Digital Banks

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    In News

    • Recently the Government think tank NITI Aayog released its report titled ‘A proposal for Digital Banks in India: Licensing and Regulatory Regime’.

    About the report

    • About:
      • The report ‘focuses on avoiding any regulatory or policy arbitrage and offers a level playing field to incumbents as well as competitors
      • It offers a template and roadmap for licensing and regulatory regime for India. 
    • The report study and the methodology:
      • Given the need for leveraging technology effectively to cater to the needs of banking in India, this report studies the prevailing gaps, the niches that remain underserved, and the global regulatory best practices in licensing digital banks.
      • The methodology for the licensing and regulatory template offered by the report is based on an equally weighted ‘digital bank regulatory index’. This comprises four factors:
        • Entry barriers
        • Competition
        • Business restrictions; and 
        • Technological neutrality. 
        • The elements of these four factors are then mapped against the five benchmark jurisdictions of Singapore, Hong Kong, United Kingdom, Malaysia, Australia and South Korea.

    Significant report citations on financial inclusion

    • The rise in financial inclusion:
      • The report adds that India’s recent rise in furthering financial inclusion was catalysed by the Pradhan Mantri Jan Dhan Yojana and India Stack
    • JAM trinity and UPI:
      • With the launch of the Jan Dan-Aadhar-Mobile (JAM) trinity and Aadhaar, Unified Payments Interface (UPI), financial inclusion has become a reality for Indians. 
        • UPI-enabled digital transactions remained above Rs 10 lakh crore in June for the second month in a row, data from NPCI showed recently.
    • Direct Benefit Transfer:
      • ‘whole-of-India approach’ towards financial inclusion has also resulted in Direct Benefit Transfer through apps such as PM-KISAN and extending microcredit facilities to street vendors through PM-SVANIDHI.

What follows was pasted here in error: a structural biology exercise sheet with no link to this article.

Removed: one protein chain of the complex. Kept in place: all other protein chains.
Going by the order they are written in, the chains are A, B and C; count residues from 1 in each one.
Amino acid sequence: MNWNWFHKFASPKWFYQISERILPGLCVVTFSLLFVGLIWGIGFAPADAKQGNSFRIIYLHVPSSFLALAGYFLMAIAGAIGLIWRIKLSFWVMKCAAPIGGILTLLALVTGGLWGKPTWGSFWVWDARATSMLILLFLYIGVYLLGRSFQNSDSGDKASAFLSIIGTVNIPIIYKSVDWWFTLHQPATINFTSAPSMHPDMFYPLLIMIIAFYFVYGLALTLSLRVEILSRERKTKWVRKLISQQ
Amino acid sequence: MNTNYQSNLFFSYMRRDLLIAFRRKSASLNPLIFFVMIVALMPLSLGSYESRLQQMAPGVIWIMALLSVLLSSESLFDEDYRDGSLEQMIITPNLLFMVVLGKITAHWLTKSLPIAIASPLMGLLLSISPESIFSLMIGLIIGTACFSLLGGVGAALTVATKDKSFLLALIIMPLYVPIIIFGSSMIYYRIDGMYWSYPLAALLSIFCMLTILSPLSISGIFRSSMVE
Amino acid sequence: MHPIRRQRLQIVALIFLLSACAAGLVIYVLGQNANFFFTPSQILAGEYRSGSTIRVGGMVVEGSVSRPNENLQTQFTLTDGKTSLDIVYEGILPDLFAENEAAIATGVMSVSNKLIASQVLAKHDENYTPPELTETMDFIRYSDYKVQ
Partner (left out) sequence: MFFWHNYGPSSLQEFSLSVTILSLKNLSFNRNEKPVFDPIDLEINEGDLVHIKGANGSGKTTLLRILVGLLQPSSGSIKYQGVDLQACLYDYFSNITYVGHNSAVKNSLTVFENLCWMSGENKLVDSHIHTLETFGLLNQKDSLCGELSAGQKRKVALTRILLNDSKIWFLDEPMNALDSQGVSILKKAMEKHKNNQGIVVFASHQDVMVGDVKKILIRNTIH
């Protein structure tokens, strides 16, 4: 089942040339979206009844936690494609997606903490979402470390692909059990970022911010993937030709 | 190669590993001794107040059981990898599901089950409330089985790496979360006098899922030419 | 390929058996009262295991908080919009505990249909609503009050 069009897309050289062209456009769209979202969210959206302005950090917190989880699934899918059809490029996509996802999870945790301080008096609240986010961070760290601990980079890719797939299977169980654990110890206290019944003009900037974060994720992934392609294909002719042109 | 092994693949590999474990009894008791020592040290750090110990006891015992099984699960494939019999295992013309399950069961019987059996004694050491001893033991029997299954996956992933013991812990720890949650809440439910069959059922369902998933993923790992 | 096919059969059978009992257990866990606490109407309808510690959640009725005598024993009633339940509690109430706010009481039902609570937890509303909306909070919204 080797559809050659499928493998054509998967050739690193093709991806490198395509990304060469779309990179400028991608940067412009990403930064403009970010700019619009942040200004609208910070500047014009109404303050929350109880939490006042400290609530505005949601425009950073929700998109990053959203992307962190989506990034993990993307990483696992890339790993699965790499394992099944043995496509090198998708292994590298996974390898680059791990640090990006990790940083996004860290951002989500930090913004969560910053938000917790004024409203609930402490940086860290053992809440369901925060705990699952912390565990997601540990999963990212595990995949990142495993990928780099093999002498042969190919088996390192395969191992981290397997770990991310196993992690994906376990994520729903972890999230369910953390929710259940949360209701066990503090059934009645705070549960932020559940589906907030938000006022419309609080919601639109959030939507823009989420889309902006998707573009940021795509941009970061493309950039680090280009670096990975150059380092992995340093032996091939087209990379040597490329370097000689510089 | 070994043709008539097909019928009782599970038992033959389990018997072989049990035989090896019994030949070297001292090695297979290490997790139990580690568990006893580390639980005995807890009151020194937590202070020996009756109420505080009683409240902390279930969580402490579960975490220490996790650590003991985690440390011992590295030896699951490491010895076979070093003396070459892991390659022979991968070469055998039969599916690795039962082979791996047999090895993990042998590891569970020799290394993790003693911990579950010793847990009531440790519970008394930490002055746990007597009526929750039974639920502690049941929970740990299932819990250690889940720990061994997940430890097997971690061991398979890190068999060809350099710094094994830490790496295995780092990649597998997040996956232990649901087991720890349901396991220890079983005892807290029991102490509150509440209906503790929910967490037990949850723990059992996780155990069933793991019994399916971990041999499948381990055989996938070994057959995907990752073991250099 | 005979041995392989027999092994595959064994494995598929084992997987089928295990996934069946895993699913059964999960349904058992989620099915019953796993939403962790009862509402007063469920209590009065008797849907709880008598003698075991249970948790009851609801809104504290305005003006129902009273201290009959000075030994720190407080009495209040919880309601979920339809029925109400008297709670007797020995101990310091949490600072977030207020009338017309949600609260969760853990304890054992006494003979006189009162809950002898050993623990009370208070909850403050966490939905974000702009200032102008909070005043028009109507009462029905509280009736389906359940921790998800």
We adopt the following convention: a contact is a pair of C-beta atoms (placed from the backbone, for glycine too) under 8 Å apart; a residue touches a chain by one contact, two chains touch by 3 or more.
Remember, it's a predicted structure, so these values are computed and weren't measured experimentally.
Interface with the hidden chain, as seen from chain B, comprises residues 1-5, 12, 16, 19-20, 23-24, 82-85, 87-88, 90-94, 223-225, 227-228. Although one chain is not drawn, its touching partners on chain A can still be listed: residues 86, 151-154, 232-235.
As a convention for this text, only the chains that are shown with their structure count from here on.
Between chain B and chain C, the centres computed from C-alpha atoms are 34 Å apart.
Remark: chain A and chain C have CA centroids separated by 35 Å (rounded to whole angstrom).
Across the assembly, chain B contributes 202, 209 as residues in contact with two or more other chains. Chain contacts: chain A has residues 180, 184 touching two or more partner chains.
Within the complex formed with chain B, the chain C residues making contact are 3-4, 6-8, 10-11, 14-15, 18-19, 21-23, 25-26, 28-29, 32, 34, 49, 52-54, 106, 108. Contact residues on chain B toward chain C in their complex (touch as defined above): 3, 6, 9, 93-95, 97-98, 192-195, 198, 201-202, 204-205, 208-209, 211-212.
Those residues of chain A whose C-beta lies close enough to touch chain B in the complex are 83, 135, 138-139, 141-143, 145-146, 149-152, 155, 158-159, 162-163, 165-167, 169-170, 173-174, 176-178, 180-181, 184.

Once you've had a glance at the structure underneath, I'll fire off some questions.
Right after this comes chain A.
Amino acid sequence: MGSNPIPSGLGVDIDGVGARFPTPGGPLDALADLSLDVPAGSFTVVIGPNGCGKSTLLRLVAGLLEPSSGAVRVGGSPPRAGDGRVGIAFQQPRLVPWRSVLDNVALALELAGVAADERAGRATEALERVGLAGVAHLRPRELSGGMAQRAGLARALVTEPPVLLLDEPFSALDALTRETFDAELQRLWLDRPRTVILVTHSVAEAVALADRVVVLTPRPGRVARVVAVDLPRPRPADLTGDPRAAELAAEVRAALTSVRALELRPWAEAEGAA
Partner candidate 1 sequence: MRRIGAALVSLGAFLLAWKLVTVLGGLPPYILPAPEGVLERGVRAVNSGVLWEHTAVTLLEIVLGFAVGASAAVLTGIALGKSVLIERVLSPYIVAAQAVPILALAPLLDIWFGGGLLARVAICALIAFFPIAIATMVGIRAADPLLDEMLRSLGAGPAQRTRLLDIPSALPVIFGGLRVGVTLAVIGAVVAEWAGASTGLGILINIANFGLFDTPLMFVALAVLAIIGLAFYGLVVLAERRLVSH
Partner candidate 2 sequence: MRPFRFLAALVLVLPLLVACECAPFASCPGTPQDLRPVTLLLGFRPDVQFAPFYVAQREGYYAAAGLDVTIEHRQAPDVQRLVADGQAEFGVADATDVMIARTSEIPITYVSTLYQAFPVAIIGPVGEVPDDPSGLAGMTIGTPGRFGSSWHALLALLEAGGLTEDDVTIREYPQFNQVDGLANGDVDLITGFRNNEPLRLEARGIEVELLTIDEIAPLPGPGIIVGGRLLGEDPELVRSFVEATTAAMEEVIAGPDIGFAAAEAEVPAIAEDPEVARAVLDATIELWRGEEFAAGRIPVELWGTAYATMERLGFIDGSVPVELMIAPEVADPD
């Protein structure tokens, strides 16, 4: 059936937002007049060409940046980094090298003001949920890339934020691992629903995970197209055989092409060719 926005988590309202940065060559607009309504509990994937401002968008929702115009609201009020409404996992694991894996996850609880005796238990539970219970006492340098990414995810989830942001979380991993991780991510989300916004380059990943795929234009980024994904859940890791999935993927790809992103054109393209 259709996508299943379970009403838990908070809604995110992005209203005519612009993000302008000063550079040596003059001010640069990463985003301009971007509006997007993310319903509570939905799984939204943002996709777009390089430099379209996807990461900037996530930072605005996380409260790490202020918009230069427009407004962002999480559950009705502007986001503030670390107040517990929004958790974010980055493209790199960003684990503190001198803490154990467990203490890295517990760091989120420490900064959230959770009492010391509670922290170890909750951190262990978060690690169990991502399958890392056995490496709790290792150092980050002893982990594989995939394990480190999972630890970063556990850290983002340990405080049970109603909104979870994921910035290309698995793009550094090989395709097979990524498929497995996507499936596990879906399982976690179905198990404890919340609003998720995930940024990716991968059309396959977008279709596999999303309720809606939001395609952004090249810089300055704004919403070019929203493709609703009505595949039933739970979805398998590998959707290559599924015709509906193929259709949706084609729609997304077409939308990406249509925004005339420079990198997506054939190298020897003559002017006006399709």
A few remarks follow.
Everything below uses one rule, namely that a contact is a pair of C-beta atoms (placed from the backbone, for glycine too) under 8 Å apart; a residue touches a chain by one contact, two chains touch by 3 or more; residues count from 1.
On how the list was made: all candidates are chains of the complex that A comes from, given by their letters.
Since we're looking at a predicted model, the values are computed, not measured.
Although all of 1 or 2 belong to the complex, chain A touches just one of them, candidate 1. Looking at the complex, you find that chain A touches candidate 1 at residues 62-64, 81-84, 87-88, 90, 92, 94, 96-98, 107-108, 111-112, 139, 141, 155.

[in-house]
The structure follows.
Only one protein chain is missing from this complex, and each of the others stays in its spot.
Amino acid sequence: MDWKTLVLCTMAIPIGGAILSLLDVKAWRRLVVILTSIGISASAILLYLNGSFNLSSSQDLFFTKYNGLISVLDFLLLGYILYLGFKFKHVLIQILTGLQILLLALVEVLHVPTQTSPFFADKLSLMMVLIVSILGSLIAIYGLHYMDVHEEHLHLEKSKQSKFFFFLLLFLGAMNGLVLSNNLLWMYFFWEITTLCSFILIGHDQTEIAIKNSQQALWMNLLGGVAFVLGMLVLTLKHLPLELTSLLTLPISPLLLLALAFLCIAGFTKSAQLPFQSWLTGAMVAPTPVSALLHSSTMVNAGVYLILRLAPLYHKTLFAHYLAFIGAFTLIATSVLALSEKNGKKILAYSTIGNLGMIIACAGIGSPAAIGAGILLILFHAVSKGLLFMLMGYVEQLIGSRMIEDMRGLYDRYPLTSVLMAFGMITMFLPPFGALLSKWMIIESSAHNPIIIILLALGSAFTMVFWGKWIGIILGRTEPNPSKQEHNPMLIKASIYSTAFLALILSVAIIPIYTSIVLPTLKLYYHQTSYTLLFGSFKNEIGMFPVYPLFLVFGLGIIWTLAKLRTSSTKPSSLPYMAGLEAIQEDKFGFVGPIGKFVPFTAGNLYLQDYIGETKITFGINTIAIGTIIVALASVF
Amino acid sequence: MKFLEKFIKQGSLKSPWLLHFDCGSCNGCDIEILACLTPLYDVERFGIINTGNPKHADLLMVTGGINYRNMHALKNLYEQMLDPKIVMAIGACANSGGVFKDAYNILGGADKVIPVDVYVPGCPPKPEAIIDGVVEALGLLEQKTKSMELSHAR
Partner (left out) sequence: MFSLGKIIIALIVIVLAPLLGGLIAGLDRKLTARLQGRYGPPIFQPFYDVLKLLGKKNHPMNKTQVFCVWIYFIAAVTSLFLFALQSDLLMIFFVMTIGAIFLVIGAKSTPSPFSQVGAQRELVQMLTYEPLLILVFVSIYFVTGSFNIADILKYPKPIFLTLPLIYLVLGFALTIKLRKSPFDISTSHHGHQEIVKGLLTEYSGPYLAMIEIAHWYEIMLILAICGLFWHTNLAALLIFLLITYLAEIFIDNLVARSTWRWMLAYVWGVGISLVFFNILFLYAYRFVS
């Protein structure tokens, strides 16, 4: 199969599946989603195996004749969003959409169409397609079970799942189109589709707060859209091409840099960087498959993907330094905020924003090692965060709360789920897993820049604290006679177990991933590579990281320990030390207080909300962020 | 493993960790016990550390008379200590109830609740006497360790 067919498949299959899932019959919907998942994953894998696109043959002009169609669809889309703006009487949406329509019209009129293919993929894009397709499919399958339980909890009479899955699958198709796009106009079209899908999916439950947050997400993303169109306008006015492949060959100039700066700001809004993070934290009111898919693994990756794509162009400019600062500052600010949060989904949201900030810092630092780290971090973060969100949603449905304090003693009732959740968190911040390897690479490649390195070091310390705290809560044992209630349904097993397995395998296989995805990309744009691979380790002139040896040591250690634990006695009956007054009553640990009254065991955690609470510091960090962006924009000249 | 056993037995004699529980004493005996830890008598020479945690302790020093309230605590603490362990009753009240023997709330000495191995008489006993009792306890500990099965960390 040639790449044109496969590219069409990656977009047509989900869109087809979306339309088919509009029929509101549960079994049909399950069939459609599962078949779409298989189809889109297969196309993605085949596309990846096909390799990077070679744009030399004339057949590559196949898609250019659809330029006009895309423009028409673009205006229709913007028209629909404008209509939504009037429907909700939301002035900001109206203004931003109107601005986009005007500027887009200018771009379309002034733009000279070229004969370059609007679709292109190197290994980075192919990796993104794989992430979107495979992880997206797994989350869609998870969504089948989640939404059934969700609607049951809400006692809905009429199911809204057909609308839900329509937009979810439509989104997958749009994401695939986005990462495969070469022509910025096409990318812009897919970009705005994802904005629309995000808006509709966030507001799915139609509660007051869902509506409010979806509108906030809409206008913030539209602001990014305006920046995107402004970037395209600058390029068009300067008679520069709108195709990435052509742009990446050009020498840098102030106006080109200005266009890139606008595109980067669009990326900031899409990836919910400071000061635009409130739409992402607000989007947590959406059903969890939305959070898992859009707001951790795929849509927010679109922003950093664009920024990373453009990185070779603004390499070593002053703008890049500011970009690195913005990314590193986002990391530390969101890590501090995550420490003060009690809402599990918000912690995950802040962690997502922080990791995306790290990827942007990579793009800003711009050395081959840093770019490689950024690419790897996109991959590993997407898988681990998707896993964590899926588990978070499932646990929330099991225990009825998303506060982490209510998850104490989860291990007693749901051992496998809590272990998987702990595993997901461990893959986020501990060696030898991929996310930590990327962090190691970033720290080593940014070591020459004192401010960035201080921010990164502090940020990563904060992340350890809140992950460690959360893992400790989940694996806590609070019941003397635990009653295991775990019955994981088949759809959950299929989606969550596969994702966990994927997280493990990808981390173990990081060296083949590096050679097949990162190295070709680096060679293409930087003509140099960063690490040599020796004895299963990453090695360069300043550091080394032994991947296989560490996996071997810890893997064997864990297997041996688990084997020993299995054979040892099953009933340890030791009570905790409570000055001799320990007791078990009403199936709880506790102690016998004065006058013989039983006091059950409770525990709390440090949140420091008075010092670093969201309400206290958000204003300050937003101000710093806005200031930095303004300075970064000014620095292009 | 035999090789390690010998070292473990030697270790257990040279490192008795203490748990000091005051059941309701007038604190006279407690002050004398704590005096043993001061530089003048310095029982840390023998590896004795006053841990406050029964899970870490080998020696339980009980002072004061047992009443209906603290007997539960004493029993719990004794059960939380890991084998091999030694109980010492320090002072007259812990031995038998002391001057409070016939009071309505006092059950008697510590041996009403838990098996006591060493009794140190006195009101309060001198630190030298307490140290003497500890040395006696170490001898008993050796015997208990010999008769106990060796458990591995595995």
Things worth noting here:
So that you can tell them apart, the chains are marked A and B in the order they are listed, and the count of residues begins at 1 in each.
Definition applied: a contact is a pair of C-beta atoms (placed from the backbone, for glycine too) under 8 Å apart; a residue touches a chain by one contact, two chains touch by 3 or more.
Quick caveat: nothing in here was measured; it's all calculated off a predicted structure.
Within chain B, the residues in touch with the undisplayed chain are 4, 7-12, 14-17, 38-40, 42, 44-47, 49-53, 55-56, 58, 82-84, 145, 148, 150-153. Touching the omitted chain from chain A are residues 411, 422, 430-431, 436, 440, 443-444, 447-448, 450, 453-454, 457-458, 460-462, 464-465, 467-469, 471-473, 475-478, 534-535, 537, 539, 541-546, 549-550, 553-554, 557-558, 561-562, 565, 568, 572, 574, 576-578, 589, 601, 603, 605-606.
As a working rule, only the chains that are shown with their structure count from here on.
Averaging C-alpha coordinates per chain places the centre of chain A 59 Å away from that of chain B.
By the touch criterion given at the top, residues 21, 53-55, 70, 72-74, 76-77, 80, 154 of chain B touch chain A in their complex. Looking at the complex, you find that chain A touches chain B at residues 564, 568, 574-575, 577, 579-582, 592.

• AA framework:
      • The report also pointed out that India has also taken steps towards operationalizing its own version of ‘open banking’ through the Account Aggregator (AA) regulatory framework enacted by the Reserve Bank of India. 
      • Once commercially deployed, the AA framework is envisaged to catalyse credit deepening among groups that have been hitherto under-served.

    Challenges delineated by the report

    • Credit penetration remains a policy challenge, especially for the nation’s 63-million-odd MSMEs
      • MSMEs contribute 30 percent to GDP, 
      • 45 percent to manufacturing output, and 
      • 40 percent to exports while creating employment for a significant section of the population.
    • The success that India has witnessed on the payments front is yet to be replicated when it comes to the credit needs of its micro, small and medium businesses. 

    Digital Banking

    • About:
      • A digital bank would be a bank defined in the Banking Regulation Act, 1949, and shall have its own balance sheet and legal existence.
      • It is banking done through the digital platform, doing away with all the paperwork like cheques, pay-in slips, Demand Drafts, and so on. 
      • It means availability of all banking activities online.
      • The shift from traditional to digital banking has been gradual and remains ongoing, and is constituted by differing degrees of banking service digitization.
    • Advantages of Digital Banking:
      • It saves effort and time where the customer can conduct banking activities without going to any bank headquarters, where he can keep it at home.
      • Ease of banking transactions in electronic banks and speed of handling them.
      • In addition to the reliability of cash flow and the speed of cash flow, it provides higher security and lower risk of check manipulation.
      • Reducing reliance on paper forms, as all transactions are done electronically.
    • Disadvantages of Digital Banking:
      • It is easy to fall prey to fraudulent transactions by falsifying some cards.
      • The professional computer technician can access accounts or copy another person’s information, enabling the information to come out of its confidential structure.
      • Digital banking forums are also prone to vulnerabilities and hacks such as phishing, pharming, identity theft, and keylogging.
      • Increase the gap that arises between the client and the bank.

    Unified Payments Interface (UPI): 

    • It is an instant real-time payment system developed by National Payments Corporation of India (NPCI)
    • The interface facilitates inter-bank peer-to-peer (P2P) and person-to-merchant (P2M) transactions.
    • UPI is an open source application programming interface (API) that runs on top of Immediate Payment Service (IMPS).
    • It is regulated by the Reserve Bank of India (RBI) 
    • It works by instantly transferring funds between two bank accounts on a mobile platform.

    Way Ahead

    • The current credit gap and the business and policy constraints reveal a need for leveraging technology effectively to cater to these needs and bring the under-served further within the formal financial fold.

    Source: PIB